Population Aging and Housing Prices: New Definitions for Old Age
Ye Jin Heo, PhD Candidate in International EconomicsBrown Bag Lunch
Ye Jin Heo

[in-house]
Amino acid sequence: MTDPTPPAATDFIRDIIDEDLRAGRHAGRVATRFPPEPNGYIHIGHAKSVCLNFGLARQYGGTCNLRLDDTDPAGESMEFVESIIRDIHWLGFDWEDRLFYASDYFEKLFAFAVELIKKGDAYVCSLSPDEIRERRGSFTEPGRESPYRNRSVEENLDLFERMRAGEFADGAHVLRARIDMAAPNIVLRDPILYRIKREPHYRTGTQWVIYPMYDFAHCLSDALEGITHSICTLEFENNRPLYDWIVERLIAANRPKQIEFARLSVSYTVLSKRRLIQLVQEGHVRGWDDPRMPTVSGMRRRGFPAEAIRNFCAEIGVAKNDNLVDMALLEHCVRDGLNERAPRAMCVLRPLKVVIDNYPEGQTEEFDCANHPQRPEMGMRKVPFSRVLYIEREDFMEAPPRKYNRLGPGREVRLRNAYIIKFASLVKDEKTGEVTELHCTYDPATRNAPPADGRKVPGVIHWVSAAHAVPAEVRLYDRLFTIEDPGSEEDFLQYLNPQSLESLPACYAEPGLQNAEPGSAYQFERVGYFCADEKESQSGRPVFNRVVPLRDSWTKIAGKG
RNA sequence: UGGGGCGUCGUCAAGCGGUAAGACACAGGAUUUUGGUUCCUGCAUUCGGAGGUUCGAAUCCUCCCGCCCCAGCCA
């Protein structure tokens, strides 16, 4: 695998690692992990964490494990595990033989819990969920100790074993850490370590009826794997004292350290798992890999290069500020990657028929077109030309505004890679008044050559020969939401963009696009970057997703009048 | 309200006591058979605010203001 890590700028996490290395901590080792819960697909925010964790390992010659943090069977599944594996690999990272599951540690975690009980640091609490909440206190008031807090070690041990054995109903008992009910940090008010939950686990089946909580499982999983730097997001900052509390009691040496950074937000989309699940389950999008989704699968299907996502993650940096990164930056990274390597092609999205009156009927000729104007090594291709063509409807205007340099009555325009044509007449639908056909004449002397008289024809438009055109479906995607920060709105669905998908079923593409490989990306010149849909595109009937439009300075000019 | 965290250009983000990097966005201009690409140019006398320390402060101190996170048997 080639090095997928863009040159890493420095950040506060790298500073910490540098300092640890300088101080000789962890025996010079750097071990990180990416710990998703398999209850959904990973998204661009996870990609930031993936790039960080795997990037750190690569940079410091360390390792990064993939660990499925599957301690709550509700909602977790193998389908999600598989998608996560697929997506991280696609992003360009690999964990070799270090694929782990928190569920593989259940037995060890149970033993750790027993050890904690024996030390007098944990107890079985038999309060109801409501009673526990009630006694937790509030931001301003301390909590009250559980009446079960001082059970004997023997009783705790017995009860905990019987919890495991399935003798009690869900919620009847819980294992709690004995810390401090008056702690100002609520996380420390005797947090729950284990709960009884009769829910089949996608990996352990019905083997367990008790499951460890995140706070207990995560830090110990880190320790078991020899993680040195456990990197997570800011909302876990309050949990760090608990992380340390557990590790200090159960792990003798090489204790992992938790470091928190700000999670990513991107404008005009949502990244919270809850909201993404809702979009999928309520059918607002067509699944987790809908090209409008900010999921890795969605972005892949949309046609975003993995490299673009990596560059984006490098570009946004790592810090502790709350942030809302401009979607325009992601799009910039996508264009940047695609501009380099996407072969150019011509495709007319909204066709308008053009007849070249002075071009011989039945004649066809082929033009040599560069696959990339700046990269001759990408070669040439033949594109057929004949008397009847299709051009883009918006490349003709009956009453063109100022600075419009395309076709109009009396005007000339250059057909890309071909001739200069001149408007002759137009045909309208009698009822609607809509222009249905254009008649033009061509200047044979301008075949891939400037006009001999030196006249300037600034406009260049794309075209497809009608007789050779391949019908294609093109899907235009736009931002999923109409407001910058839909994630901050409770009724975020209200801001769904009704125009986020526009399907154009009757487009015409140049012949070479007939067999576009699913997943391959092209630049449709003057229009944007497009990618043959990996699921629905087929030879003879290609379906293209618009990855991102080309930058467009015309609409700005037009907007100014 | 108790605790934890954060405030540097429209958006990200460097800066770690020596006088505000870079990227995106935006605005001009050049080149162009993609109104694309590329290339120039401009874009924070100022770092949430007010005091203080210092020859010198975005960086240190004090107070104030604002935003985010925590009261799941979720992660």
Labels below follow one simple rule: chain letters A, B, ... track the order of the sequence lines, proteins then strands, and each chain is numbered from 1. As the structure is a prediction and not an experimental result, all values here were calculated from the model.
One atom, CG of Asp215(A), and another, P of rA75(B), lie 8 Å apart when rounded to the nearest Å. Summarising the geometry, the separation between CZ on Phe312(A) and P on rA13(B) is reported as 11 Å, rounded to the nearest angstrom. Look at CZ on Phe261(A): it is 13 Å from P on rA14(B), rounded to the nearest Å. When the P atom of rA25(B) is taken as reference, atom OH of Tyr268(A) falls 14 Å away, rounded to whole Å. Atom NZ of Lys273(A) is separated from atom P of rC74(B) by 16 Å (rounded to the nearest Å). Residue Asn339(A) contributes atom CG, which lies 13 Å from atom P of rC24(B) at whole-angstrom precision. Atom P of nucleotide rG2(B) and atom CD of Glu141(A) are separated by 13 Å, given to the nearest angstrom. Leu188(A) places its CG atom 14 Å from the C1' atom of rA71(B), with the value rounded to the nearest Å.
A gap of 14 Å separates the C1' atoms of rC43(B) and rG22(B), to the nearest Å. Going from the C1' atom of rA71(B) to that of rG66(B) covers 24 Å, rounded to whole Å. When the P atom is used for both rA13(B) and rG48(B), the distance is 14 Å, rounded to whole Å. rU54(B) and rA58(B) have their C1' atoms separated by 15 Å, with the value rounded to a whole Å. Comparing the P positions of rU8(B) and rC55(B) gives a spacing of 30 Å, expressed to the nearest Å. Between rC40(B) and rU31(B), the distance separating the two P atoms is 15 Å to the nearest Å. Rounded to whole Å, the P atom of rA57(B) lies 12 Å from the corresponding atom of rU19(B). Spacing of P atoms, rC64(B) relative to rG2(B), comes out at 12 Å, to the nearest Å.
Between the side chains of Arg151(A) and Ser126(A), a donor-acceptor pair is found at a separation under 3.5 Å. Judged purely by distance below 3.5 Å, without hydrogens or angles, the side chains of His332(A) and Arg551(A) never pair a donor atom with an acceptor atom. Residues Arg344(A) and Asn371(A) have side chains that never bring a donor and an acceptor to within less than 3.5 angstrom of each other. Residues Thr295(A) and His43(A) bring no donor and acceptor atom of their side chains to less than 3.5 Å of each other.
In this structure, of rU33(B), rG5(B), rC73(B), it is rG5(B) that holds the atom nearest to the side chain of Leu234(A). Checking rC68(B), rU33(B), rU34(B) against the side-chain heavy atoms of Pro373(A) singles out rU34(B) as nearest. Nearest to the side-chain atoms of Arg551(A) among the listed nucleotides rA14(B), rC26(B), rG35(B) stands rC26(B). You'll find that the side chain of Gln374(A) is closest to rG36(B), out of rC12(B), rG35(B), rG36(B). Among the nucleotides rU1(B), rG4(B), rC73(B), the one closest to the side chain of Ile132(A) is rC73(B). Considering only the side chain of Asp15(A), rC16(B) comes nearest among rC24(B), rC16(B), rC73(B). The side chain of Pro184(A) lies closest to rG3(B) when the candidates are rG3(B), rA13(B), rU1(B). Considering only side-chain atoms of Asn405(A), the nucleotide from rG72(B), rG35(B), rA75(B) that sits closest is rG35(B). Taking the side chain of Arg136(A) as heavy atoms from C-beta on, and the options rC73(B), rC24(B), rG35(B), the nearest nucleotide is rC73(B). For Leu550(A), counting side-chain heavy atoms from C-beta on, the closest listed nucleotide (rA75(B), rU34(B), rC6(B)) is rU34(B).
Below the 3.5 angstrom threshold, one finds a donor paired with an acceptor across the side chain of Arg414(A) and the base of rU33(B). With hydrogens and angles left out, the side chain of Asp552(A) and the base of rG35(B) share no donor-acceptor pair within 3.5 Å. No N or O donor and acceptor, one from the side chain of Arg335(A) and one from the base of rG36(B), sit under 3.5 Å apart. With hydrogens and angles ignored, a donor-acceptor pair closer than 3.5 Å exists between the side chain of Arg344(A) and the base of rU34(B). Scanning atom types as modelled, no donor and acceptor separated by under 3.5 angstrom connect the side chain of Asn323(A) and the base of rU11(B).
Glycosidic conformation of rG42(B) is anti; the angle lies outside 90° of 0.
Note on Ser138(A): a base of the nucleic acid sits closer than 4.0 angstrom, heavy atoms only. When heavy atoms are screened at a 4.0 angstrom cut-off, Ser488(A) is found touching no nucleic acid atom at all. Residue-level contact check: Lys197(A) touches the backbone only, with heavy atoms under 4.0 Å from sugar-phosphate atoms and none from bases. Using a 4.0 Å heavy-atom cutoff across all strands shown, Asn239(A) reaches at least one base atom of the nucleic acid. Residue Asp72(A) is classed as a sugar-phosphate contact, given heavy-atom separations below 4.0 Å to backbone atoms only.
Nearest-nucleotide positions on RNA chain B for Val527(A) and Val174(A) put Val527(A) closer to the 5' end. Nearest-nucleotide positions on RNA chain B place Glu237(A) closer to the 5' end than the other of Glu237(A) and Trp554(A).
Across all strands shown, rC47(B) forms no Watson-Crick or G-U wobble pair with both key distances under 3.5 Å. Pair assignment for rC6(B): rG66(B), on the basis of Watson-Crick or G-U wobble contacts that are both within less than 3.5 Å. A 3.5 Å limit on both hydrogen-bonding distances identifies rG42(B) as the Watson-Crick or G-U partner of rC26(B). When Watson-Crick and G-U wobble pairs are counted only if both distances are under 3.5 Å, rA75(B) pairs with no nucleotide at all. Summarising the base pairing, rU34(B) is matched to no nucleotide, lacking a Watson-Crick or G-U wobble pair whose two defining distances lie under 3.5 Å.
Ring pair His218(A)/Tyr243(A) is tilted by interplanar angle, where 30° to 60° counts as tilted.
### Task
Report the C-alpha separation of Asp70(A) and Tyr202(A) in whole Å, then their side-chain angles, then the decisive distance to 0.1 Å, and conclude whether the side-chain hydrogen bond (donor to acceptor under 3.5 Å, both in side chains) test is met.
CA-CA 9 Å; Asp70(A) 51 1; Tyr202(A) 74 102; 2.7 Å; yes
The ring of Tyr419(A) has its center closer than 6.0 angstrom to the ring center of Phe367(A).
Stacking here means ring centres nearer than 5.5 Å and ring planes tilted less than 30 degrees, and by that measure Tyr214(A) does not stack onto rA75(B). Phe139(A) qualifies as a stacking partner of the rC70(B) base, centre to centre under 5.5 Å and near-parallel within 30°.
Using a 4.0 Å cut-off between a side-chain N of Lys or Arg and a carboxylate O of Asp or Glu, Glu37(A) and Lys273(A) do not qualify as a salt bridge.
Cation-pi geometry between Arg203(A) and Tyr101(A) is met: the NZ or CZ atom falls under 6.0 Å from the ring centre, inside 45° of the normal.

This paper empirically studies the effect of population aging on real house prices in OECD countries over the 40 years. Specifically, it addresses three questions: 1) how does increase in the share of the old-age population affect real house price? 2) how does the effect change if the old-age population is defined differently? 3) is there any nonlinear effect of population aging on real house price? I construct two alternative measures of aging based on life expectancy and the effective retirement age to estimate the effect of each alternative old-age population on real house price. The result indicates that population aging is negatively associated with real house price, but the magnitude of the negative effect varies depending on how the old-age population is defined. Also, it finds that the effective retirement age matters more in explaining the effect of aging on real house price than the age 65, which is a standard threshold age in the literature that distinguishes the old-age population from the rest of the adult population. Last but not least, real house price is predicted to decrease when the old-age population is defined in a standard way, but if it is defined by the effective retirement age, the future real house price is predicted to increase or at least move around the current level.